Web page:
Deregulation, canceled school uniform, and new old faces — Zelenskyy’s moves in the first month of presidency

Zelenskyy while visiting conflict zone in Donbas, where he talked with soldiers more informally than his predecessor Poroshenko. Source: Priamyi 

Politics

One month after the inauguration, President Zelenskyy’s team published a video list of 20 main achievements thus far. How important are these achievements? Is Zelenskyy indeed pushing a Russia-tolerant foreign policy as his opponents alleged prior to the election, or is he pursuing promising anti-corruption and deregulation reforms, as his supporters hoped? Let’s consider the first decisions of this unexpected president whose motto in the campaign was “no promises and no excuses.”

Stability and previous course in foreign policy are generally preserved

Among the 20 achievements listed are such routine items as: Zelenskyy “assured international partners that the course of Ukraine towards European integration is unchanged; received confirmation of support for Ukraine’s position on the release of Ukrainian hostages held by Russia from European leaders, as well as maintaining sanctions on Russia; and made clear that there will be no negotiations with the separatists.” From this brief sampling, one can only conclude what Zelenskyy will not do, rather than what he has done.

Nonetheless, the greatest fears about Zelenskyy being openly pro-Russian which his opponents had previously propagated have not been realized, as the new president had announced intentions to continue Poroshenko’s foreign policy line. Fears regarding the immediate submission of Ukrainian interests to oligarch Kolomoyskyi also seem to have passed.

It’s clear after the first month of holding office that in a short while Zelenskyy doesn’t plan to negotiate directly either with Putin or — even more dangerously — with separatists. As he admitted, the former option would only be possible with the engagement of Western partners, to create an advantage and a stronger position. The latter option is not acceptable at all. Negotiations with separatists would mean at least partial acknowledgement of their illegal actions and goals.

Leading up to the elections, he never clarified his position regarding these questions. Some people indeed voted for him in the hope that he would end the conflict in the east and establish peace, even if it meant a total capitulation for Ukraine. This is not happening, although the absence of abrupt retreat doesn’t mean that Zelenskyy has any definite strategy regarding Donbas or Crimea. At least, he presented none.

Regarding suspicious relations with oligarch Kolomoyskyi, athough Zelenskyy appointed oligarch’s lawyer as the head of Presidential administration, he appears to be bypassing Kolomoyskyi’s radical advice to default on Ukraine’s debt. Negotiations with the IMF are in progress.

But Zelenskyy shows himself as a weak president in negotiations

The president’s Facebook page is full of photos with Chancellor Angela Merkel and President Emmanuel Macron, as well as other officials and members of the business community, with whom he met during his first visit to the EU. At the same time, not a single effort was made by Zelenskyy during the Parliamentary Assembly of the Council of Europe’s (PACE) session to prevent sanctions being lifted on the Russian delegation during 24-26 June.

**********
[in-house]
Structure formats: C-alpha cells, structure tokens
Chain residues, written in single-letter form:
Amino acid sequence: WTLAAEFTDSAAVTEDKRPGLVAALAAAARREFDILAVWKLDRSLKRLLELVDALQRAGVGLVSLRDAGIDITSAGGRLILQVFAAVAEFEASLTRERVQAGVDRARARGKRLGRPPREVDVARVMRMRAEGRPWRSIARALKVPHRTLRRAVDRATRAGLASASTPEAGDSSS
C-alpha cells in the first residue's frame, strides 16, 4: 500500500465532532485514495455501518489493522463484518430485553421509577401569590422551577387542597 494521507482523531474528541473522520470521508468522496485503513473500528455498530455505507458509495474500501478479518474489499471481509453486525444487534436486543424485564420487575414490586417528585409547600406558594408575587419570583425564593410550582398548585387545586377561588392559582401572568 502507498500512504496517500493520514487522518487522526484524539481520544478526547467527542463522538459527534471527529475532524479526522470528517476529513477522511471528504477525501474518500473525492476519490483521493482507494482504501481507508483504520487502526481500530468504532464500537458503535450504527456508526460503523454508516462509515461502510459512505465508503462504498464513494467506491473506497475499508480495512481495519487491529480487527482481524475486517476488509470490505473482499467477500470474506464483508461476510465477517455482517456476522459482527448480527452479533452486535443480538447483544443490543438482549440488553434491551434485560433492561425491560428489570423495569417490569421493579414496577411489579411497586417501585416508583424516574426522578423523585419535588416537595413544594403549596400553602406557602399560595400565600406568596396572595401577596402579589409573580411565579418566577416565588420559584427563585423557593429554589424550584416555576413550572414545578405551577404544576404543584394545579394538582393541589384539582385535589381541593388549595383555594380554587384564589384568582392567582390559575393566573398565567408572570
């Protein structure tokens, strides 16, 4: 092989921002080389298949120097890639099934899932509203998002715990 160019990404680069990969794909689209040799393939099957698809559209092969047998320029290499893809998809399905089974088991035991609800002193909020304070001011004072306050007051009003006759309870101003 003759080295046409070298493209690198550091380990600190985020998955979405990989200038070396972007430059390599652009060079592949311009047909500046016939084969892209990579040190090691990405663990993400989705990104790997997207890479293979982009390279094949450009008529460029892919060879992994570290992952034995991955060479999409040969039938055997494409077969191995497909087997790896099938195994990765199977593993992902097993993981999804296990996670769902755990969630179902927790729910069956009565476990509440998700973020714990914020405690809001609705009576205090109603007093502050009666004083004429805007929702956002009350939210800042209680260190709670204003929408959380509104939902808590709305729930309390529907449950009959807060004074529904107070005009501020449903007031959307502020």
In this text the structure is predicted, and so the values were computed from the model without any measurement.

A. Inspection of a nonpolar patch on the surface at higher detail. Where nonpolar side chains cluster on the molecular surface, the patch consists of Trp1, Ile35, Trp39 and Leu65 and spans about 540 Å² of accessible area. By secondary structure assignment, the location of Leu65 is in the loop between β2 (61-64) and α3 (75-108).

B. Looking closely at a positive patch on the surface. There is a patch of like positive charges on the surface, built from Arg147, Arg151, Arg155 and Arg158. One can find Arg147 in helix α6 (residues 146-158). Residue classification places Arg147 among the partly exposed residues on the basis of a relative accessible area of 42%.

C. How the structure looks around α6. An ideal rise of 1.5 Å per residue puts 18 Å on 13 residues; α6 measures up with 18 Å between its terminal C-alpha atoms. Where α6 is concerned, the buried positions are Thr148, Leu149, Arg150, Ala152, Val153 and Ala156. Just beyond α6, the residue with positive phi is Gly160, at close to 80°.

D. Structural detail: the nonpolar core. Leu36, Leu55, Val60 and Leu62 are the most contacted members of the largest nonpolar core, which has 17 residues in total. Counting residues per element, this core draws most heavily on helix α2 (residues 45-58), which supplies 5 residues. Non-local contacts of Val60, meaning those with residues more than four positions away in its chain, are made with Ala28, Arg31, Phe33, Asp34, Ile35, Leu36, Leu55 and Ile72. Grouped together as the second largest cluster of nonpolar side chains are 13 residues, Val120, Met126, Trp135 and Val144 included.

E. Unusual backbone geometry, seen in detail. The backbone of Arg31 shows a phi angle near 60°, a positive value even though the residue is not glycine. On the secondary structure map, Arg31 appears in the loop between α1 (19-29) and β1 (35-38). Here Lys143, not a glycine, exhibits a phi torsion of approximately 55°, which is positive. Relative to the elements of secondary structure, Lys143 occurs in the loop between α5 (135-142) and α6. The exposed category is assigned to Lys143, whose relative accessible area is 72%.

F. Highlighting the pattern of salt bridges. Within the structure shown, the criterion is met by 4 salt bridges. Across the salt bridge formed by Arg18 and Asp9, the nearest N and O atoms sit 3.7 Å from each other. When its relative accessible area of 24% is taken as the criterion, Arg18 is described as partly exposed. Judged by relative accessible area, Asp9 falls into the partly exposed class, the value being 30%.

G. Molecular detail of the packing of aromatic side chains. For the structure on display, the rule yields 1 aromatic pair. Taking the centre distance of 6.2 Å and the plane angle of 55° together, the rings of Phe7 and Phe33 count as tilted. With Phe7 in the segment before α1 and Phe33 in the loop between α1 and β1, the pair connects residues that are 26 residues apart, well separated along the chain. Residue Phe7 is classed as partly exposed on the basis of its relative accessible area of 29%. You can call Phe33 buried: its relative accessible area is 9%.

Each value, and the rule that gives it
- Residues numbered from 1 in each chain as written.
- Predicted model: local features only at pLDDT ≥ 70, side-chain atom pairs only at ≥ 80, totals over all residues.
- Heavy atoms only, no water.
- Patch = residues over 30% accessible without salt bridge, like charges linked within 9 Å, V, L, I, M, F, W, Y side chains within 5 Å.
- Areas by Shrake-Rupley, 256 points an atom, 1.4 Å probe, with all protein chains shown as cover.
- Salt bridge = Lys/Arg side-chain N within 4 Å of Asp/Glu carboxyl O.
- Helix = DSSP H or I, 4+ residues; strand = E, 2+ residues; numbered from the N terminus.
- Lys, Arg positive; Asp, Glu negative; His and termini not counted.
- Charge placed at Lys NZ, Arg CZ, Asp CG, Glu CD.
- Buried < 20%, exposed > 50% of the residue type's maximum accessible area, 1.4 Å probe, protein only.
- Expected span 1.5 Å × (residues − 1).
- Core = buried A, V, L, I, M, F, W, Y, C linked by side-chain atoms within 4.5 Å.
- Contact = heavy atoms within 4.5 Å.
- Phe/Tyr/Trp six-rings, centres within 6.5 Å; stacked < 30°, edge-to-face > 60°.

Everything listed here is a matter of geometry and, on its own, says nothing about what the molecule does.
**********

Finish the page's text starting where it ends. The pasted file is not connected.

Zelenskyy on the meeting with Angela Merkel. Source: president’s Facebook

Of course, not all battles in foreign policy can be won, but ultimately the Ukrainian president, one of whose main responsibilities is foreign policy, did nothing substantive to influence the outcome of the PACE vote. By posting a small statement of “disappointment” on Facebook the day after the vote, he only demonstrated his weak position, if not a dereliction of national interests.

What’s more, Iryna Herashchenko, deputy head of the Verkhovna Rada and part of the Ukrainian delegation to PACE, noted on her Facebook page that the president ignored the earlier request of the Ukrainian delegation to discuss joint efforts.

“Before the June session of the PACE in Strasbourg, the Ukrainian delegation appealed to the new president with a request for a meeting to exchange information about the challenges, agree on our joint action plan, and speak out on how to defend our interest in the Council of Europe. Success required serious preliminary work, pressure on our international partners, daily telephone conversations. It required first of all the leadership of the president. That’s how it was during all the previous five years. However, this time our delegation did not receive any response from the president and his office. Our delegation stayed on its own in that session hall.”

Herashchenko was also outraged that Zelenskyy did not take the opportunity to personally discuss with leaders of the EU the need to prevent a Russian comeback. These same objections appeared on the president’s Facebook page where thousands of comments were posted asking where he was on the day of the PACE vote.

Activists hold placards as they shout slogans in front of the Austrian embassy in Kyiv on 25 June 2019 demanding to keep Russia out of PACE. Photo: Hromadske

Cosmetic reforms or warming-up before real ones?

In his inauguration speech and pre-election campaign, Zelenskyy claimed he would begin real anti-corruption reforms, “restart courts,” implement deregulation, and appoint staff to key offices on the basis of open competition. However, in the first month of his presidency Zelenskyy: